Instead of finding love, a Texas man claims he found only deception and fraud through his membership to an online dating website.
Terry Smith, of Fort Worth, has filed a putative class action suit against Match.com, alleging the company is guilty of false advertising and of roping in its clients in through lies.
According to the complaint filed Nov. 12 in Jefferson County District Court, Smith accuses the company of sending him enticing e-mails to convince him to renew his membership. In fact, the e-mails were only half-truths and were the result of deceptive marketing, the suit alleges.
Smith's troubles with Match.com began in early November 2008 when he initially paid the monthly $39.99 membership fee, the suit states.
When Smith allowed his membership to lapse, he received e-mails, "winks" and other communications from Match.com indicating there were potential matches waiting for him in an attempt to lure him back to membership, according to the complaint.
For example, in July 2009, Smith received a picture of an attractive woman attached to an e-mail. In the e-mail, a message informed Smith that the woman had e-mailed him, but he could only discover what she said by renewing his membership.
"Smith decided to re-subscribe in the hope of resuming contact with this woman," the complaint says. "Upon re-subscribing to Match.com and logging into his inbox, however, Smith found that there were no new e-mails from the woman, but only the same e-mails they had exchanged in the past."
In another instance, Smith resumed his membership when he received a message saying he had five unread e-mails. When Smith paid the membership fee so he could check the mail, though, he was unable to communicate with any of the senders, he claims.
Other times, Smith would ask women on a date and would get no response. He later discovered that the women had never received his e-mail messages, according to the complaint.
When Smith's subscription was scheduled to end, he would begin receiving e-mails from "stunningly beautiful women about half his age who lived out of state," the suit states. "Whenever Smith attempted to respond to the e-mails before his subscription ended, he received messages that this person had discontinued their membership and/or their profile is 'unavailable.'"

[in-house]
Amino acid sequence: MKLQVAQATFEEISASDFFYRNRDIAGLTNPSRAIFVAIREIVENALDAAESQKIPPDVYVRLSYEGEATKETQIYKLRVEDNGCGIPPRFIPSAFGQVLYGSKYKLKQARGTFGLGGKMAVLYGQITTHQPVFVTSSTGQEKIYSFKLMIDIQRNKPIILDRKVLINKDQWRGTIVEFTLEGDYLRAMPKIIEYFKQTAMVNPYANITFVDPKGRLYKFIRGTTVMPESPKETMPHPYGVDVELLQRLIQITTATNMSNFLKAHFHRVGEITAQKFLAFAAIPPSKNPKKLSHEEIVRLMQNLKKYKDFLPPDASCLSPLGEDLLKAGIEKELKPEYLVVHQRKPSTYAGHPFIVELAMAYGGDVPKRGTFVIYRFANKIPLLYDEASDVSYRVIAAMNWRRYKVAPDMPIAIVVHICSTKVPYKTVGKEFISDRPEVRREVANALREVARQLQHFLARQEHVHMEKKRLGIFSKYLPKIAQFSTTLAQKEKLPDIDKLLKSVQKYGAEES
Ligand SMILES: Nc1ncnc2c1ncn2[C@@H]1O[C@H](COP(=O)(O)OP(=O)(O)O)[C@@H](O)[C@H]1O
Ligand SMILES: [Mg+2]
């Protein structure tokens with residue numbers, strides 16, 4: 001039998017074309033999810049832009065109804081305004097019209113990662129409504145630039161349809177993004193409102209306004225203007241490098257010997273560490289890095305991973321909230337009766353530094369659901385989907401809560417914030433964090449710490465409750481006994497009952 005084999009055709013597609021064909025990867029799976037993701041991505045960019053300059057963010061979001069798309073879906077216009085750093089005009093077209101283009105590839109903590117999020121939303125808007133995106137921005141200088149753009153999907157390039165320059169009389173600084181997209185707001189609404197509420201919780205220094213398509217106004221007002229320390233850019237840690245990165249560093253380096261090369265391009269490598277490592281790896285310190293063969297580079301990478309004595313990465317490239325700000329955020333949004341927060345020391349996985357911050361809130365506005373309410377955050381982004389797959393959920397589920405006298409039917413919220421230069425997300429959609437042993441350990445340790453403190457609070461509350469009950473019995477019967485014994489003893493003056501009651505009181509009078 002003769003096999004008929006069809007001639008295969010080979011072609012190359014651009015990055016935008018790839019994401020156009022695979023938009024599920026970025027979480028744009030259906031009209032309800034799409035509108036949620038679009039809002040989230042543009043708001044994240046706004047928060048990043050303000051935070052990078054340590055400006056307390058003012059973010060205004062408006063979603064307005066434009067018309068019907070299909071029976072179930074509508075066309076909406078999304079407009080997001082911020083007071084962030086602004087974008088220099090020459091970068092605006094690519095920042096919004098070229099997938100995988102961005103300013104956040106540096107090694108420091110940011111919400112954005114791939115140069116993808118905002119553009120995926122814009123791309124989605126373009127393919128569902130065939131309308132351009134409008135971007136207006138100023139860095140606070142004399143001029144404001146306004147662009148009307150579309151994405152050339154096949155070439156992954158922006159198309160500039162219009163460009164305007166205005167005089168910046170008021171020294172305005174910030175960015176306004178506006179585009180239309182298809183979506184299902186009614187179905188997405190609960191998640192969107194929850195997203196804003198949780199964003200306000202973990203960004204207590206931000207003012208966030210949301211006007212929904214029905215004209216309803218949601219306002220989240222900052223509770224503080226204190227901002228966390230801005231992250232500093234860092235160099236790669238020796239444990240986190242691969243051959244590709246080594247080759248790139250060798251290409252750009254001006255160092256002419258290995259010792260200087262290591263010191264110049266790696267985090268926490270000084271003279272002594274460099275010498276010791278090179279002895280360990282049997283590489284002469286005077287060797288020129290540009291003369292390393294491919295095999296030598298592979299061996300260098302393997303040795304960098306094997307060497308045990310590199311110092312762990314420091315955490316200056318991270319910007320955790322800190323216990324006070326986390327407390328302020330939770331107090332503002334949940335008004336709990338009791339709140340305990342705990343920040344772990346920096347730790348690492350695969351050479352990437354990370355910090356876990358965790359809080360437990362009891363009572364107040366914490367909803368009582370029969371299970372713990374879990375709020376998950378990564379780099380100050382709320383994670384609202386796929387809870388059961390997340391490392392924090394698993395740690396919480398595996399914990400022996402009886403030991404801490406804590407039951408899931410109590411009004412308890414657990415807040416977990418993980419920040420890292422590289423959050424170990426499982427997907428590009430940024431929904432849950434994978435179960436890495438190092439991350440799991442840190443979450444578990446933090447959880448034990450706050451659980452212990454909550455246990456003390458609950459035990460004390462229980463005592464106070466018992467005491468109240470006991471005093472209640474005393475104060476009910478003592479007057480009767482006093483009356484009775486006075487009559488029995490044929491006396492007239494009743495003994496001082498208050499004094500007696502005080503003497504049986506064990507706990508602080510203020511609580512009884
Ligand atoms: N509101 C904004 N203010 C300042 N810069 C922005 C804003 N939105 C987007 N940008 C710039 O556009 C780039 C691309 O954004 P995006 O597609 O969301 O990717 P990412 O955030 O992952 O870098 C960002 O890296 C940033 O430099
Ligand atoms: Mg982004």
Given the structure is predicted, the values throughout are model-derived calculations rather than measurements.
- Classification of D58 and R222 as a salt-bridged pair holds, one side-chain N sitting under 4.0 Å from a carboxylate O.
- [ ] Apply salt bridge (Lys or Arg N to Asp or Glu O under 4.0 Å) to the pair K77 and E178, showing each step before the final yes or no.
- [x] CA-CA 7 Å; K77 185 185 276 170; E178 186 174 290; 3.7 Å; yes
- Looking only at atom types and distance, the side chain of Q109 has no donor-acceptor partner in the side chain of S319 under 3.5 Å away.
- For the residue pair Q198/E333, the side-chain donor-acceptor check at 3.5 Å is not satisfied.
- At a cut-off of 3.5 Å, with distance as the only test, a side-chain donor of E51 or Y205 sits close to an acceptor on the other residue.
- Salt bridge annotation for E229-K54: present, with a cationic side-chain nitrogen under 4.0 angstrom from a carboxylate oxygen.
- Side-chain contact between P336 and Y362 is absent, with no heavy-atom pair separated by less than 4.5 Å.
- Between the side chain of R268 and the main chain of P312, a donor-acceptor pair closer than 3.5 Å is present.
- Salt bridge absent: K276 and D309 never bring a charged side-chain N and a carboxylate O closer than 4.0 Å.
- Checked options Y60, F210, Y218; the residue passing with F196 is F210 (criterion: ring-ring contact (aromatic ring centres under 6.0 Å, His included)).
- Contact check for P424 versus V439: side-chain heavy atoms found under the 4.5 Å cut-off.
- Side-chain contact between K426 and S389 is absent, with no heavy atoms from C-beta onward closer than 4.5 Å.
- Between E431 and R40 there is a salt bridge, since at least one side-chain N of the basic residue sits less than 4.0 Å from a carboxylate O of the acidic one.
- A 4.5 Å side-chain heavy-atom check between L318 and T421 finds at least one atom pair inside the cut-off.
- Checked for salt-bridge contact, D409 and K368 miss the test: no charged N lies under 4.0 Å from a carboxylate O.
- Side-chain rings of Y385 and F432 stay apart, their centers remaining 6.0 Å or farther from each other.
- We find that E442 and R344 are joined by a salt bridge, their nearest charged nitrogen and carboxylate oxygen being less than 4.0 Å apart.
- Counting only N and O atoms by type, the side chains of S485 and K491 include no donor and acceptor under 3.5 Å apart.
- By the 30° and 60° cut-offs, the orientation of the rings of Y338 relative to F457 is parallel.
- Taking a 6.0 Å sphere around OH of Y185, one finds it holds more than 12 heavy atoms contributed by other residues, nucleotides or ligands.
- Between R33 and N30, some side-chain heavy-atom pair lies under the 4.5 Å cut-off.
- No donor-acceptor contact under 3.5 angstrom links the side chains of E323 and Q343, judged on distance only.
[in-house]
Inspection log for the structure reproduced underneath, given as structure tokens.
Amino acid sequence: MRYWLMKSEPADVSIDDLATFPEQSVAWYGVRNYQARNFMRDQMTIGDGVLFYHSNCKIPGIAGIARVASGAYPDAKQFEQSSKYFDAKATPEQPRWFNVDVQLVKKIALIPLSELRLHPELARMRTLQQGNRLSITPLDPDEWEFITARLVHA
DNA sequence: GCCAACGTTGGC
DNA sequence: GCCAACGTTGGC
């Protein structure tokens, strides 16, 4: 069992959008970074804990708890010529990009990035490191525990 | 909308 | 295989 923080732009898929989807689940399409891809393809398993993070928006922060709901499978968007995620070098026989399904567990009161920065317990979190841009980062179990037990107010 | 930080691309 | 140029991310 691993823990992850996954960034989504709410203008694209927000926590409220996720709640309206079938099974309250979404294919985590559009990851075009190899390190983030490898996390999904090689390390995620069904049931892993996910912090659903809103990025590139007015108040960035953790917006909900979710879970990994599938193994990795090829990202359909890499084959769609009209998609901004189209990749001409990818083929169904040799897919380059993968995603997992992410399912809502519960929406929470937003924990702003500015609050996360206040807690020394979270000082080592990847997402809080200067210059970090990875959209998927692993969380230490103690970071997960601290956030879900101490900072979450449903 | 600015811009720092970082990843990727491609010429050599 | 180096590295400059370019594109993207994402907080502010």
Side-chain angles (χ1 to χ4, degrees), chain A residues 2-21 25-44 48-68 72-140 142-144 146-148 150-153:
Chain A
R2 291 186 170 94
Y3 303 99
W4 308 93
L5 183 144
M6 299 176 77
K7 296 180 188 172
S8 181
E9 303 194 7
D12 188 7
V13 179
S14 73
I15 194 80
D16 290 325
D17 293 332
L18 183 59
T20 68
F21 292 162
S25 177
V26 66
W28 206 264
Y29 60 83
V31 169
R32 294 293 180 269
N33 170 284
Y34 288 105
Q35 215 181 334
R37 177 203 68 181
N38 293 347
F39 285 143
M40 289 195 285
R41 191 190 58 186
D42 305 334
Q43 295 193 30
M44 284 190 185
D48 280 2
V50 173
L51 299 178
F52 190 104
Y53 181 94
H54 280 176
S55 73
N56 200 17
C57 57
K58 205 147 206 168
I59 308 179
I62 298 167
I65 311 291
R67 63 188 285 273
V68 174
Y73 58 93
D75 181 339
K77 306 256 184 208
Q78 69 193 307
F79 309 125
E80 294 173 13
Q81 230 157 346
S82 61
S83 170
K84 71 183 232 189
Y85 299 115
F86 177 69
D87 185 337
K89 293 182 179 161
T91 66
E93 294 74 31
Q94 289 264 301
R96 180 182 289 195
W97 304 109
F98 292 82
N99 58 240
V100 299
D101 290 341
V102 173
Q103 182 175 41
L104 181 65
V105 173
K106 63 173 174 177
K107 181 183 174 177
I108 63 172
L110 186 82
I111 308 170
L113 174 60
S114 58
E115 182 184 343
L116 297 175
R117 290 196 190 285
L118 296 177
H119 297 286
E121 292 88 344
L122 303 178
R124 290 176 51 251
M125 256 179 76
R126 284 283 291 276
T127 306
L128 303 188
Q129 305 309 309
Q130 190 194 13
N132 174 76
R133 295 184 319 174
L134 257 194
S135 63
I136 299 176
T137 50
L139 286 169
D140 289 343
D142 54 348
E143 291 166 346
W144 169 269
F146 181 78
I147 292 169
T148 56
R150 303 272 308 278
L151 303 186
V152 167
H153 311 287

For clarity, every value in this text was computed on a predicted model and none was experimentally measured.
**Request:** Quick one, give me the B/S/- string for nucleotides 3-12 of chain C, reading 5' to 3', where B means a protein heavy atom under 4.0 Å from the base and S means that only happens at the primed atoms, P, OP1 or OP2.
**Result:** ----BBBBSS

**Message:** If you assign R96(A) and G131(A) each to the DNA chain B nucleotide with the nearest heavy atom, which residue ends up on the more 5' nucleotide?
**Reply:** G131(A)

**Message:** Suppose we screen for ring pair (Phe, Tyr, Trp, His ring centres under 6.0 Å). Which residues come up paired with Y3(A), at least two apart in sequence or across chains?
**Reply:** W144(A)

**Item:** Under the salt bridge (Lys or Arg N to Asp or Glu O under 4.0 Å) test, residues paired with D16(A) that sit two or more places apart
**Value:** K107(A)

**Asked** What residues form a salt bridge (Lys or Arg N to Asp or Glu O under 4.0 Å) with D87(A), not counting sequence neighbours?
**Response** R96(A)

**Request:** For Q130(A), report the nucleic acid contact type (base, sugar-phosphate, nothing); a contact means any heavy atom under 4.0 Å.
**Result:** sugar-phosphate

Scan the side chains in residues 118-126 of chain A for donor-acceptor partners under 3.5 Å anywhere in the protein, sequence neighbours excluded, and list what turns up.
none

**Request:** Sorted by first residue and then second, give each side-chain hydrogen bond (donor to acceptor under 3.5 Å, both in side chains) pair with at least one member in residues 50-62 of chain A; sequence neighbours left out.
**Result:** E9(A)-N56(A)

Smith recently ended his Match.com subscription for a final time, but has been unable to remove his profile from the site, he claims. Since that time, five different women have attempted to e-mail him, but he has been unable to respond because he is no longer a member of the site, according to the complaint.
Still, Smith refuses to renew his subscription, saying he has already incurred damages.
"As a result of Match.com's manufactured e-mails, messages and/or communications, Smith re-subscribed to Match.com during July 2009, September 2009 and on or about November 16, 2009 -- each time paying a $39.99 subscription fee," the complaint says.
Smith accuses the site of breach of contract, breach of fiduciary duty, breach of the duty of good faith and fair dealing, violating the Texas Deceptive Trade Practices Act, unjust enrichment and tolling of the statute of limitations.
He says others have also been adversely affected by Match.com's advertising.
"Match.com advertises that it has 15 million members," his complaint says. "Match.com, however, carefully wordsmiths its advertising to avoid disclosing the fact that only 1.4 million of its 'Members' are actually 'Subscribers.' Thus, less than 10 percent of Match.com's 15 million Members can actually be reached by another Member."
Members are able to browse profiles of both subscribers and non-subscribers, but only members can receive messages, according to the complaint. Because members aren't sure who is a subscriber and who is a non-subscriber, they are never sure their message was actually received by its intended recipient, the suit states.
"As a result, Match.com Subscribers have been (and continue to be) cheated out of millions of dollars of Subscriber fees and time because the vast majority of Match.com Members are not reachable, which Match.com intentionally and uniformly conceals from Subscribers when they attempt to e-mail or 'wink' a Non-subscriber," the complaint says.
In his complaint, Smith is seeking actual and treble damages, plus injunctive relief, pre- and post-judgment interest, attorneys' fees, costs and other relief the court deems just.
Mitchell A. Toups of Weller, Green, Toups and Terrell in Beaumont; Richard L. Coffman of The Coffman Law Firm in Beaumont; and Norah Hart of Treuhaft and Zakarin in New York, N.Y., will be representing Smith.
The case has been assigned to Judge Bob Wortham, 58th District Court.
Case No. A188-776